Applying the Heat-transfer Vinyl

    Weeding a print-and-cut vinyl graphic
    Weeding a print-and-cut vinyl graphic

  1. After the printing and cutting had finished, we trimmed the graphics from the roll and took it to the application table where we weeded off the excess.

  2. Next, we cut a section of heat-transfer application film slightly larger than the graphic. Note that there are several types of application films available, so check with your media supplier to ensure you’re using the film appropriate for your vinyl. We placed the film on the graphic and used a squeegee to firmly affix it in place. Then, we turned both the graphic and the film over, and peeled away the backing sheet, ensuring that every element was securely attached to the transfer film.

  3. We then switched on the heat press, setting the temperature to 153°C (~307°F). Temperatures and pressing times will vary depending on the material of the garment and the type of HTV used, so be sure to check the recommendations from your media supplier and perform a test if you’re uncertain.

  4. When the heat press had reached the right temperature, we added the T-shirt to the platen, ensuring that it was straight, and pressed it for a few seconds to preheat the fabric and remove any creases.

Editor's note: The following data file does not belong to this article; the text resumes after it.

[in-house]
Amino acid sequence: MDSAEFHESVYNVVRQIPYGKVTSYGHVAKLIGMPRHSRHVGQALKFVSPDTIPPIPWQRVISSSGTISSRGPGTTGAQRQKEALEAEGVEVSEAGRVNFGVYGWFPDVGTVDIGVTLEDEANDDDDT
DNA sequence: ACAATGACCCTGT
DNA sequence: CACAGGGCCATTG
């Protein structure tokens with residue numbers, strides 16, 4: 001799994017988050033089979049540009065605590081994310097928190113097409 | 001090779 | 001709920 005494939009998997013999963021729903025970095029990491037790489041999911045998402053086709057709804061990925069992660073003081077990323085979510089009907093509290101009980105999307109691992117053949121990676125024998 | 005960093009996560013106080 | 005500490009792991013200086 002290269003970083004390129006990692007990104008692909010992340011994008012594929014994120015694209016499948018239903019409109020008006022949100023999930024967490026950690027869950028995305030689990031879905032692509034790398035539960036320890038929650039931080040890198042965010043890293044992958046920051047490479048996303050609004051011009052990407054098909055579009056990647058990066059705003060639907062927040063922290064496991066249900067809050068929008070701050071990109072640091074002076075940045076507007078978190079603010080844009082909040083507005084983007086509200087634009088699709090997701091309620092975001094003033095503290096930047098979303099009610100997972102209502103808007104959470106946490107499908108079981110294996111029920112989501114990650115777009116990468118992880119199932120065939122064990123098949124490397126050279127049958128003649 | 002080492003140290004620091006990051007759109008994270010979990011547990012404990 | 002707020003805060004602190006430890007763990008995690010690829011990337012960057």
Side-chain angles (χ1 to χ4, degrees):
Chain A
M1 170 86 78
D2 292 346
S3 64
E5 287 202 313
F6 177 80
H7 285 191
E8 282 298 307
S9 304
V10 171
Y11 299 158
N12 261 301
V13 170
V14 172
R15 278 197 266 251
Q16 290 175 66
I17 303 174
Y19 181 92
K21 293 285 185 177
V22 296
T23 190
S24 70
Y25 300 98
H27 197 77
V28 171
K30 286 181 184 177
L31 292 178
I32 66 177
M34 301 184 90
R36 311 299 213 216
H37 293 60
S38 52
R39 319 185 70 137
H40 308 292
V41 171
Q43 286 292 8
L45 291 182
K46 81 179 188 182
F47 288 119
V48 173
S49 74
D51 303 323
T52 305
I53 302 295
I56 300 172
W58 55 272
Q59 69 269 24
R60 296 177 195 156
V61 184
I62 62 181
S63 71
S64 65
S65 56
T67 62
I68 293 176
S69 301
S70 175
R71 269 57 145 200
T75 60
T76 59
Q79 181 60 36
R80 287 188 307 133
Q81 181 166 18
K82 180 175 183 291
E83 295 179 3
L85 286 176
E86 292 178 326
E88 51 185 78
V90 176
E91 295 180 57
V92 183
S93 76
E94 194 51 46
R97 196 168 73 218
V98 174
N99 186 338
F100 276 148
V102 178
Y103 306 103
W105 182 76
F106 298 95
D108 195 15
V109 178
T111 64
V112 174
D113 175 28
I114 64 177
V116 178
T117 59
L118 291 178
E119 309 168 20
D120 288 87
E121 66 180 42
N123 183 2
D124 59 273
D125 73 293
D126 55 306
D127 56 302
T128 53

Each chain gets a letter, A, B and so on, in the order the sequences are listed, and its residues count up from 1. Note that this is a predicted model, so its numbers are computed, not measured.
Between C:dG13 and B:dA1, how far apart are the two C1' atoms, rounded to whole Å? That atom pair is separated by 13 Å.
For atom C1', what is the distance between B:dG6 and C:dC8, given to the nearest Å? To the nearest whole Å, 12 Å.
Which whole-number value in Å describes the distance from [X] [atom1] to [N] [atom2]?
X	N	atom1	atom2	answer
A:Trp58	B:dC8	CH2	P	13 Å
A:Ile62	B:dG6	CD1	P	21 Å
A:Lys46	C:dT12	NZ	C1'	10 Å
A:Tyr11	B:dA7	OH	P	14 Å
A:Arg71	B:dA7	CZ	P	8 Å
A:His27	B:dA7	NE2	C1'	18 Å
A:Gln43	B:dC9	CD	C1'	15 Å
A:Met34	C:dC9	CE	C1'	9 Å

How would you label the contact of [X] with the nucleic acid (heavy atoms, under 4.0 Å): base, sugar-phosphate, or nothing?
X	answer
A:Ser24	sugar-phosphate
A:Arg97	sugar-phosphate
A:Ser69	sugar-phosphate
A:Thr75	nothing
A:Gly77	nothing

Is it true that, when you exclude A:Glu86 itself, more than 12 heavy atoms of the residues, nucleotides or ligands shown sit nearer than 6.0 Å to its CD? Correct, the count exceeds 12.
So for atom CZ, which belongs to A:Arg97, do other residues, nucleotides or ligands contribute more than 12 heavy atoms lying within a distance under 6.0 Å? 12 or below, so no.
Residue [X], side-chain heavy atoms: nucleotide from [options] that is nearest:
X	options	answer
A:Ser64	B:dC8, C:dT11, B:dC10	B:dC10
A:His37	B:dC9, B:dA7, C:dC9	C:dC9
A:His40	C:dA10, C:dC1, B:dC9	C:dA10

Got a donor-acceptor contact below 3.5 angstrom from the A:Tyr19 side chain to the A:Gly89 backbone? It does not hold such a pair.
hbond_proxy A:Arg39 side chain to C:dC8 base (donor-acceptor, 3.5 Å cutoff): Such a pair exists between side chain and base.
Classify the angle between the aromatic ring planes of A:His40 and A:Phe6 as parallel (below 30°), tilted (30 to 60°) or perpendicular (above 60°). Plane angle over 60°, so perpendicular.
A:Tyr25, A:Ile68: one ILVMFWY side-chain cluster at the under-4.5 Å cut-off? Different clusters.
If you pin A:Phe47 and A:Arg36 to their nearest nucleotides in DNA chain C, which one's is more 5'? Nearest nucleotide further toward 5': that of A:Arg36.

5. Removing the backing sheet from HTV
    Removing the backing sheet from HTV
  6. We then placed the transfer film with the graphic facing outwards and clamped the heat press down for around 14 seconds – again, the timing may vary in your case. Once the time had elapsed, we carefully removed the backing sheet and admired our work.


Close-up of a print-and-cut T-shirt
Close-up of a print-and-cut T-shirt

There you have it – if you already have a printer/cutter, this is a great way to make it work for itself even more. You can also make heat-transfer T-shirts using a vinyl cutter, or with DTF technology – check out our page on printing T-shirts for even more ideas.

If you’ve got an idea to expand your business with digital print technology and you need some advice, get in touch with one of our experts who will be happy to help.